Real-time translators aren’t just about asking for directions in a foreign country. There’s business demand for this technology. And Microsoft, for one, is gearing up to meet it.
As anyone who has converted text from another language knows, machine translation can be clunky – but it gets the job done. Now, taking a step further, some vendors are upping the capabilities in this space with real-time spoken translation – either through desktop systems or earpiece devices.
First, let’s look at the desktop system market real-time translators. Both Microsoft and its Skype subsidiary have been active in this area. Microsoft recently unveiled what it calls its PowerPoint “Presentation Translator,” an add-in that provides voice translations from presenters, through an iOS, Android or Windows app.
Microsoft says that its Presentation Translator supports 10 speech languages – Arabic, Chinese (Mandarin), English, French, German, Italian, Japanese, Portuguese, Russian and Spanish. Slide deck translation is also provided.
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Skype, for its part, released real-time translation capabilities in 2015 for desktops, and the tool is capable of converting video calls in English, French, German, Italian, Mandarin and Spanish and 50 messaging languages inside the Windows app.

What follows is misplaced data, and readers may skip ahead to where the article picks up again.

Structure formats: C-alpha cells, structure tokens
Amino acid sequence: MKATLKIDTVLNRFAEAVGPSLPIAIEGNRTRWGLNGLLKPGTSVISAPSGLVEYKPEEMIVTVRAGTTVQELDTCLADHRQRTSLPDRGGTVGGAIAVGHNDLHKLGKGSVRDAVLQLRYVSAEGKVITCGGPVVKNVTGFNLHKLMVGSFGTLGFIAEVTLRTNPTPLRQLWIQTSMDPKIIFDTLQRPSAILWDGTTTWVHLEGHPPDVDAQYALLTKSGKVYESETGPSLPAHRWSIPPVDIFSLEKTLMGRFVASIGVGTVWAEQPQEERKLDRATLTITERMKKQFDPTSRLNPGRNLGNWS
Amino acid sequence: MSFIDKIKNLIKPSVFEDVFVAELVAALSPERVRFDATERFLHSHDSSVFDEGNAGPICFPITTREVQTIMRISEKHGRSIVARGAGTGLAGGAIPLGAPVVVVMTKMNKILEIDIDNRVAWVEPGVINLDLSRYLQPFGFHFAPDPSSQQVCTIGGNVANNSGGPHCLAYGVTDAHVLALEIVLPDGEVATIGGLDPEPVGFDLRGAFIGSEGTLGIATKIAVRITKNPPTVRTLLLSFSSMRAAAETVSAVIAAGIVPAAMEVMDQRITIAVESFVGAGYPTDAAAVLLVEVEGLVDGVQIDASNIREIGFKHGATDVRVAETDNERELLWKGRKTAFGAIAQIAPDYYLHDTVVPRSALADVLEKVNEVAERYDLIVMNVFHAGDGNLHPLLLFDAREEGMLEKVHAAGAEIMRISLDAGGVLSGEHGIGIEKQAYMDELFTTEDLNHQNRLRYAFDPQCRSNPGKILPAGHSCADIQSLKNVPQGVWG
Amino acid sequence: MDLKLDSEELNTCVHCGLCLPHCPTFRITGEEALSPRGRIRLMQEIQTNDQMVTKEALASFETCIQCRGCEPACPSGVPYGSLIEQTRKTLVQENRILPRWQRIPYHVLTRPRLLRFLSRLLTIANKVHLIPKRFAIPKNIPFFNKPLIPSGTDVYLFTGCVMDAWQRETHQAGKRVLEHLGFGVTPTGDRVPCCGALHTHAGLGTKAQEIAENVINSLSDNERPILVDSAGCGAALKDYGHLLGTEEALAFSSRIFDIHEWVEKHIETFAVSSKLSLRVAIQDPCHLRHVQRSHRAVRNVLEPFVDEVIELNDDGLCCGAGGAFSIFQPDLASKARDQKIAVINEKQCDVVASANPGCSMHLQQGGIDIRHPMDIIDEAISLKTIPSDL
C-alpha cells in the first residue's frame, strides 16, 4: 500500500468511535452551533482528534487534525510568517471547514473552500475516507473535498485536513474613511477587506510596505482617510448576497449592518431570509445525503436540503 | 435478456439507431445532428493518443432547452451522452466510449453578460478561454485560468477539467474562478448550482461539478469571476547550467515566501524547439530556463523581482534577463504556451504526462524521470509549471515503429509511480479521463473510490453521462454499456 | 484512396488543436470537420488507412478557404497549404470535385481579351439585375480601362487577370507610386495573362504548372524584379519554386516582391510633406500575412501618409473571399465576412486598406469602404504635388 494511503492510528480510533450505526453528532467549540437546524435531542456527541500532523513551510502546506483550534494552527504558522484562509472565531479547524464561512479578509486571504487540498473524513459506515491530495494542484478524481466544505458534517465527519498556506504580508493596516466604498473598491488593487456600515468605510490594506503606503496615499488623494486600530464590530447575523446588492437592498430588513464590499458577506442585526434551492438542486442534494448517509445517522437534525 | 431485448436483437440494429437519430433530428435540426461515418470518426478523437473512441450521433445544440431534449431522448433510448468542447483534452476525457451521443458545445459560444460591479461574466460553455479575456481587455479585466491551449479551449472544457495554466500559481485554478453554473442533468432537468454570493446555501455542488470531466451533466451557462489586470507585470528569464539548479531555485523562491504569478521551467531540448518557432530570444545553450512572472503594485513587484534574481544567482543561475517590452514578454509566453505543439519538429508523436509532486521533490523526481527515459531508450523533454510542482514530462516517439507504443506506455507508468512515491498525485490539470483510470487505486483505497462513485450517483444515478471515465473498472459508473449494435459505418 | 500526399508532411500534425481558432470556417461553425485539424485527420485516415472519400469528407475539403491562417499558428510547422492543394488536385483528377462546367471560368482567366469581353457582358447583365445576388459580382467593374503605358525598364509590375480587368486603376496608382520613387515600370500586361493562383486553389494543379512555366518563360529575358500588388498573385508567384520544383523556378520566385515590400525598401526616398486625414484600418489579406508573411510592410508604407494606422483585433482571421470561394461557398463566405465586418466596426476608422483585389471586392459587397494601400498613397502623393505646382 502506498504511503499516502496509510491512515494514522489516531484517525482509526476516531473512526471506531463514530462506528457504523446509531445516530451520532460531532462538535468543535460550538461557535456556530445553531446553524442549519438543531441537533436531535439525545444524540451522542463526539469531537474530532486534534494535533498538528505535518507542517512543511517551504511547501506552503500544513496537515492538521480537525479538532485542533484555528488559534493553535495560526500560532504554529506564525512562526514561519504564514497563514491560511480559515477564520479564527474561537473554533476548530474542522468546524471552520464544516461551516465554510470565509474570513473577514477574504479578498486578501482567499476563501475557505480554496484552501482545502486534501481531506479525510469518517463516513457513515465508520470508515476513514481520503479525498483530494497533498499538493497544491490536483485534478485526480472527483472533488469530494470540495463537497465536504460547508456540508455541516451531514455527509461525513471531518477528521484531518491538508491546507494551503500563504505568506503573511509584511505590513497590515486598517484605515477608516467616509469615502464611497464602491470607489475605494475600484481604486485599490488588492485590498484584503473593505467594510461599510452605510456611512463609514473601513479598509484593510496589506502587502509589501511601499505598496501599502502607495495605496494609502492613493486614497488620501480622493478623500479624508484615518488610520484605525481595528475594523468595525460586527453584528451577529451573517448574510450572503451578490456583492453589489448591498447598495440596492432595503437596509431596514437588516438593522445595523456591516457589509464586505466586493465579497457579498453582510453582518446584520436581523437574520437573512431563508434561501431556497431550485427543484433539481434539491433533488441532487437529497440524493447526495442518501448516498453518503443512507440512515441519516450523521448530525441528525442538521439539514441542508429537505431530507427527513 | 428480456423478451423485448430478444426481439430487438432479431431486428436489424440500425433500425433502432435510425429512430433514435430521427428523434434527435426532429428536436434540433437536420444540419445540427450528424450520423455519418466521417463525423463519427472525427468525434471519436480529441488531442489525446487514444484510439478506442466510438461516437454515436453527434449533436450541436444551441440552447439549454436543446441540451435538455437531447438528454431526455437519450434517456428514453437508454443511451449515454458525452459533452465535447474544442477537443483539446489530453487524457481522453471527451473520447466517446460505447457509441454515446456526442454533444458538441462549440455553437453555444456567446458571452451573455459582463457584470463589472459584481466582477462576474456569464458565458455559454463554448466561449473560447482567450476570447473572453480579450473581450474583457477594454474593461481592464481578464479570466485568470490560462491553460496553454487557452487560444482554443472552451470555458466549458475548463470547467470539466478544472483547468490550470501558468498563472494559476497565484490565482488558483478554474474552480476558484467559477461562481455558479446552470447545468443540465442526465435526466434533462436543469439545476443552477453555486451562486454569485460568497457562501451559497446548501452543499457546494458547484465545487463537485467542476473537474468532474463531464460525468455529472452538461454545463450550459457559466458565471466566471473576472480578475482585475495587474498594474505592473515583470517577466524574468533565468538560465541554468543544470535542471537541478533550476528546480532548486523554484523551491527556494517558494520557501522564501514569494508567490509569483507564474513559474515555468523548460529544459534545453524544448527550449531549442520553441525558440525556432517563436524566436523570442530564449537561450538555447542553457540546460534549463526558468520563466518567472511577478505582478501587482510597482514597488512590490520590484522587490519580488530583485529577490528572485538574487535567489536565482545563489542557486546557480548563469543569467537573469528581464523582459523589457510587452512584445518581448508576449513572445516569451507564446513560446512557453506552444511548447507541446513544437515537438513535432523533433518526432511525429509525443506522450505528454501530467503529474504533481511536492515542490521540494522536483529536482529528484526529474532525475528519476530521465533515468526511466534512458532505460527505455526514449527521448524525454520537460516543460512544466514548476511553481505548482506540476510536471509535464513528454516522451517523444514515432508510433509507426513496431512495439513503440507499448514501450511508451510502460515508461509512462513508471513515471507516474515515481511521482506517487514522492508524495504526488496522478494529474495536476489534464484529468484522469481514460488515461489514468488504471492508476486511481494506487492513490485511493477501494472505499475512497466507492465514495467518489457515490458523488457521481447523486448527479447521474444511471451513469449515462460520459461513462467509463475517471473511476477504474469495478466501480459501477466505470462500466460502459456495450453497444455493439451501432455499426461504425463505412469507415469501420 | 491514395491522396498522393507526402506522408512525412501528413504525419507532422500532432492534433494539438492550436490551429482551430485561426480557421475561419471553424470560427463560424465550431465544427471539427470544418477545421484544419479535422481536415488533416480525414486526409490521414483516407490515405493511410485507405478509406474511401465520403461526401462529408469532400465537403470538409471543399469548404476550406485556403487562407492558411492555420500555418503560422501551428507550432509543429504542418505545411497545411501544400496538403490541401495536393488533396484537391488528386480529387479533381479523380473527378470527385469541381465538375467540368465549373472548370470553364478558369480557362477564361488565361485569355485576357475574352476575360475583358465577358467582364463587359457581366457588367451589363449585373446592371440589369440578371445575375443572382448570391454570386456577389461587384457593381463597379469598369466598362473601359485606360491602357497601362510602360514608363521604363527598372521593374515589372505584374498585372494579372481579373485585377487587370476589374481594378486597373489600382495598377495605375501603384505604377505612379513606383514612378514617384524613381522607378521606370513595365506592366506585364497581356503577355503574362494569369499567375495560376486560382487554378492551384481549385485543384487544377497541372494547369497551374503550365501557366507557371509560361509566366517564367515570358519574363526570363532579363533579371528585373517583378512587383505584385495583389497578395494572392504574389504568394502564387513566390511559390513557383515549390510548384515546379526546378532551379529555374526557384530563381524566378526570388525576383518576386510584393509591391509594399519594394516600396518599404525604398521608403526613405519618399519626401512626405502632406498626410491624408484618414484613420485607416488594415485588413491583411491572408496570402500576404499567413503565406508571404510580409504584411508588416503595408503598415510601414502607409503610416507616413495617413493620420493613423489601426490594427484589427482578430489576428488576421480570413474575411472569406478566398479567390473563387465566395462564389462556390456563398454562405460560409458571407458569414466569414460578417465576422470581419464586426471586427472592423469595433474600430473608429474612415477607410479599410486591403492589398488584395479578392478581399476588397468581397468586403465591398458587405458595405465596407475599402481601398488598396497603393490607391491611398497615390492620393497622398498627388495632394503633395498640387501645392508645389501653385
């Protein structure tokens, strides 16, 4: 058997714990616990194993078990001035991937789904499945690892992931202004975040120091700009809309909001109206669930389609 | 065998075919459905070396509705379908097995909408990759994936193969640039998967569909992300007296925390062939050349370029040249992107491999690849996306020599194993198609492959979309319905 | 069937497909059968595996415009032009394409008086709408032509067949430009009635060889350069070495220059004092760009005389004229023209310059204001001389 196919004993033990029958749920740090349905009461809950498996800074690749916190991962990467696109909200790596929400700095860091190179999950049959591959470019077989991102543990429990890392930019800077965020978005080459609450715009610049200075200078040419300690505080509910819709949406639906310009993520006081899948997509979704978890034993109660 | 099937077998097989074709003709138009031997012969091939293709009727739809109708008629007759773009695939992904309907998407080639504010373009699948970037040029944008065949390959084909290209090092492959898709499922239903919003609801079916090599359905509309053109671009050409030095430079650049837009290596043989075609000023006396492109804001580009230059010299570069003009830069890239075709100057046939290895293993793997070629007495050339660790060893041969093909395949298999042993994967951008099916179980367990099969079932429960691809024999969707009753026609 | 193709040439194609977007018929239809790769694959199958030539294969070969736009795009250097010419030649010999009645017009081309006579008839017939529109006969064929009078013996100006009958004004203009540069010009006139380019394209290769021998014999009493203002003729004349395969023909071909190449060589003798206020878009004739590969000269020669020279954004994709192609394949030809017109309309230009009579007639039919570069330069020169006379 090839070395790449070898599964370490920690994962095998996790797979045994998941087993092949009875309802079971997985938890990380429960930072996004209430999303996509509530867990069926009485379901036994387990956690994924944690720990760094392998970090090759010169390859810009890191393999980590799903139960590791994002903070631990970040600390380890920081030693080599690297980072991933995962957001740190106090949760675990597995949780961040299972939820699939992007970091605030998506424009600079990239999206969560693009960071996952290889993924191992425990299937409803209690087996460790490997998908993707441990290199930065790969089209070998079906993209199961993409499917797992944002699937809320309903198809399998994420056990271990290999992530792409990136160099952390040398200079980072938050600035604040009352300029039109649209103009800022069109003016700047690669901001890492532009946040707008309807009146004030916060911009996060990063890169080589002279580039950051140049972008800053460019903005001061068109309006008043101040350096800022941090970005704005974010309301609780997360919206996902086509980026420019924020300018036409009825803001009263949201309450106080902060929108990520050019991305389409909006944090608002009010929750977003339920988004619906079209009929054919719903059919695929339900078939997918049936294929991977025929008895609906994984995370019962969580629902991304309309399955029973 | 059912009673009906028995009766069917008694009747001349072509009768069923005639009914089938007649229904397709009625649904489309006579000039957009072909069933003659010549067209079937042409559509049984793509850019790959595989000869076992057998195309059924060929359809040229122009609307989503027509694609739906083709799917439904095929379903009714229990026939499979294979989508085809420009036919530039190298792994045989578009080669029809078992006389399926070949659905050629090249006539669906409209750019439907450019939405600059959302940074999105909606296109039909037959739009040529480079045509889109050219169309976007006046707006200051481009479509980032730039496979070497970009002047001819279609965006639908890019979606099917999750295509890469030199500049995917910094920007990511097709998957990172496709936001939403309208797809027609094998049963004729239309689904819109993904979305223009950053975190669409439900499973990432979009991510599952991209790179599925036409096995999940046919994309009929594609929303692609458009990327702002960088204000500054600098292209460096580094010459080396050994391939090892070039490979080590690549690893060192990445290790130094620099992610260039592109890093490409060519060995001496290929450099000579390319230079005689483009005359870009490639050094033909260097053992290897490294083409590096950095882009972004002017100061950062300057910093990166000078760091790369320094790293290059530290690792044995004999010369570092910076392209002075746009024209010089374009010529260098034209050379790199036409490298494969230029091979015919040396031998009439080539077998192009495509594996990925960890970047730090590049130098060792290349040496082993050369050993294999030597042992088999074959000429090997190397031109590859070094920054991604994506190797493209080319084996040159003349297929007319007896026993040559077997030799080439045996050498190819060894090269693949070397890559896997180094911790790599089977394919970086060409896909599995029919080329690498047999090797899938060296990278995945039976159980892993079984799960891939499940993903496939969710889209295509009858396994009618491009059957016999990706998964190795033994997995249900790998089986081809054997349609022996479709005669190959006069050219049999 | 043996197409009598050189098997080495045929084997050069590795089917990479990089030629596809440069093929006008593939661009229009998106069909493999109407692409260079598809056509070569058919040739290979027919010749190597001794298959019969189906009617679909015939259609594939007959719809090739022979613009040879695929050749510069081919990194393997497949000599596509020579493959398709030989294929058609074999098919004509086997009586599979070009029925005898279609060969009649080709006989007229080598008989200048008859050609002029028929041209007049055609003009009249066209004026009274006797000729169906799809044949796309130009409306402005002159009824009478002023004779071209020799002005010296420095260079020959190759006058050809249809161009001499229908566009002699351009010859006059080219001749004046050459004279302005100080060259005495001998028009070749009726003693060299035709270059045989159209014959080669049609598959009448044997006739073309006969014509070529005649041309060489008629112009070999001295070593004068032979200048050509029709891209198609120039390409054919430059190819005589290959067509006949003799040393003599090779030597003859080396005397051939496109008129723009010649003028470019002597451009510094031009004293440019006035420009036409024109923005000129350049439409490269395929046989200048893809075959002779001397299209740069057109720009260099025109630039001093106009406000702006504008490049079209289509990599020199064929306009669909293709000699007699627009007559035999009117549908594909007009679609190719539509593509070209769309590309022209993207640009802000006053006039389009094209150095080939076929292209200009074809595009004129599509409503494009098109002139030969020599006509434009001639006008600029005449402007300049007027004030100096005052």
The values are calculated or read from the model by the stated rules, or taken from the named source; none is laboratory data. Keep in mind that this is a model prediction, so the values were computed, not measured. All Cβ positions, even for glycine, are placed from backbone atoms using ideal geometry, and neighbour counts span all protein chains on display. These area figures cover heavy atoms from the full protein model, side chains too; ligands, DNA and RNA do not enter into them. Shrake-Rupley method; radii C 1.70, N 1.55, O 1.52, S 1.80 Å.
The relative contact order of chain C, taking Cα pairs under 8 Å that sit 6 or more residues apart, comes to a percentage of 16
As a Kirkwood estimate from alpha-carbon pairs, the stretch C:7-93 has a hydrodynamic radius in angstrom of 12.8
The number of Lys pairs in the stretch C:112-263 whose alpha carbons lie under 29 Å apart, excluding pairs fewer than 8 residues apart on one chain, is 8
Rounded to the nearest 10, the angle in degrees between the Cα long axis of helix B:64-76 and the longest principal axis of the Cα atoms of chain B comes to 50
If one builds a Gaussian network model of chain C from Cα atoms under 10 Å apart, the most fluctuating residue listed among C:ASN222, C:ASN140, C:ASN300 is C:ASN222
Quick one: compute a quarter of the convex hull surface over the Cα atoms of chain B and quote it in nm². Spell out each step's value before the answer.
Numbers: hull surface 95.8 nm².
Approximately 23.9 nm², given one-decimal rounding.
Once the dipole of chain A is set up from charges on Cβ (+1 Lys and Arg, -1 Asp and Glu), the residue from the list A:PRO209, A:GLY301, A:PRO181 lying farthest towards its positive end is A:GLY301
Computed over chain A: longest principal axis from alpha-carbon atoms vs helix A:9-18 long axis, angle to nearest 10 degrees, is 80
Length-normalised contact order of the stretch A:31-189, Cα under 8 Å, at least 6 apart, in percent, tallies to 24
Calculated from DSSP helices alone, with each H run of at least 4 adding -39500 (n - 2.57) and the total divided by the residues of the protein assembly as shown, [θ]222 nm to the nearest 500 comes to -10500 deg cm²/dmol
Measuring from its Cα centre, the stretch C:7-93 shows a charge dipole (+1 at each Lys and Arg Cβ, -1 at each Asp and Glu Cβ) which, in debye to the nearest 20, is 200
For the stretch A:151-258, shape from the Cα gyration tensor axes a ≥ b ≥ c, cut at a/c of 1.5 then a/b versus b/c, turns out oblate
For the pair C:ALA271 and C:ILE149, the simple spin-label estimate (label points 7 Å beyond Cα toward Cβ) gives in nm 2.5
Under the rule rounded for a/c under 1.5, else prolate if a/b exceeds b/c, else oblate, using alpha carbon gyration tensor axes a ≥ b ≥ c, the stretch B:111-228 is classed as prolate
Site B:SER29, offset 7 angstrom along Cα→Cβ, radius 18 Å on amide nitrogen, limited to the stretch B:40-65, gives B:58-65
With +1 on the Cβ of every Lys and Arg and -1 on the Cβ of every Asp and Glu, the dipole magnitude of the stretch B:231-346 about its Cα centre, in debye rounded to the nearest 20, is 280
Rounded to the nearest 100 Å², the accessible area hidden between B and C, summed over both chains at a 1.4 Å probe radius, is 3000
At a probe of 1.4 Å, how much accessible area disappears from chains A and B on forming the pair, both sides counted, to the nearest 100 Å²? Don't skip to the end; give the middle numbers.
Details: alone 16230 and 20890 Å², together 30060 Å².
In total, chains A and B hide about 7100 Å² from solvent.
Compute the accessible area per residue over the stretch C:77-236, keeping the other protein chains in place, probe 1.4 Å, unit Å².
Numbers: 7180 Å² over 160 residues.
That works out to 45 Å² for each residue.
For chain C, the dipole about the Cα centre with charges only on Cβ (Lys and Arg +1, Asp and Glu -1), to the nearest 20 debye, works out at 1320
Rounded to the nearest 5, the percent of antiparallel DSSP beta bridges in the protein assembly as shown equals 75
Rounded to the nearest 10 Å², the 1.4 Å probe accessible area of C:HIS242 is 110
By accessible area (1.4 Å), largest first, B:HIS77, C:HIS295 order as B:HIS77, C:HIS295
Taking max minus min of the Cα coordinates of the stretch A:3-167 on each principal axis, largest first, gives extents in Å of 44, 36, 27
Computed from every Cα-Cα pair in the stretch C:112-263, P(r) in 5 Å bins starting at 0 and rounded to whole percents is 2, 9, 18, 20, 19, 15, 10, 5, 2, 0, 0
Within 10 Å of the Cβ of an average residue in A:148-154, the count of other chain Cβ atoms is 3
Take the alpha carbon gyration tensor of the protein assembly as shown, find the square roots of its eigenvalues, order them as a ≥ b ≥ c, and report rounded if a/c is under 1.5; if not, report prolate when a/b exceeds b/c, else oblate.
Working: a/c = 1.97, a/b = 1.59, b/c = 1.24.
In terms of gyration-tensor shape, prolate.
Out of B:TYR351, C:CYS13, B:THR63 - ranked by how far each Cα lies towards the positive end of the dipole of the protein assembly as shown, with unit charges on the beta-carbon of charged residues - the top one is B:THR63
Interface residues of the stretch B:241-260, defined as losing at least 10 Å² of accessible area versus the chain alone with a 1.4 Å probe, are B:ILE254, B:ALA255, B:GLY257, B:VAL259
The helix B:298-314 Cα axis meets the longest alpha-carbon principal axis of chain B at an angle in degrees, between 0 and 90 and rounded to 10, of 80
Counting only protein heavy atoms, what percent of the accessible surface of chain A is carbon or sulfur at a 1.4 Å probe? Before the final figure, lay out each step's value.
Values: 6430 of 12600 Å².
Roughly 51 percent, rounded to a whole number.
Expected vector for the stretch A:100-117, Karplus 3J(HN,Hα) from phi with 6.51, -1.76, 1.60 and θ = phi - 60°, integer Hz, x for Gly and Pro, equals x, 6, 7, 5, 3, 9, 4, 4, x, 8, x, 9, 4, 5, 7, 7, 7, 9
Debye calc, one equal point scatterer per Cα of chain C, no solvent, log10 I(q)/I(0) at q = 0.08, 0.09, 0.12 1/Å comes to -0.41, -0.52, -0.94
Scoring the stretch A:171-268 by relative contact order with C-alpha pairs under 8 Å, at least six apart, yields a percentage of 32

So, real-time translators aren’t just about asking for directions in a foreign country. There’s a solid business case to be made for this capability. Microsoft is gearing its offering to seminars and workshops, while Skype facilitates online calls or conference calls between individuals from different nations.
Real-time translators and ITSM
Also, as Tom Tseki points out in a recent post at ITSM.tools, real-time translation systems can be instrumental for corporate functions such as IT service desks. “Ultimately, hiring bilingual staff for every language isn’t a realistic strategy for most IT service desks,” he writes. “Real-time translation technologies allow organizations to communicate across languages and communications channels – using their existing service desk communications platforms and staff.”
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Earpiece technologies, however, require more work to be done. As Andrew Hitchcock explains at the United Language Group site, these devices are not living up to the hype. Machine translation hits limits in informal conversation, with problems picking up pronunciations, accents, grammar, idioms and slang.
The desktop translation systems are geared toward business-speak, and thus a better “trained” for many of the keywords and phrases. Progress is being made, but there is still work to be done. We aren’t anywhere near the Star Trek universal translator. (Klingon has an actual vocabulary that can be taught, however.)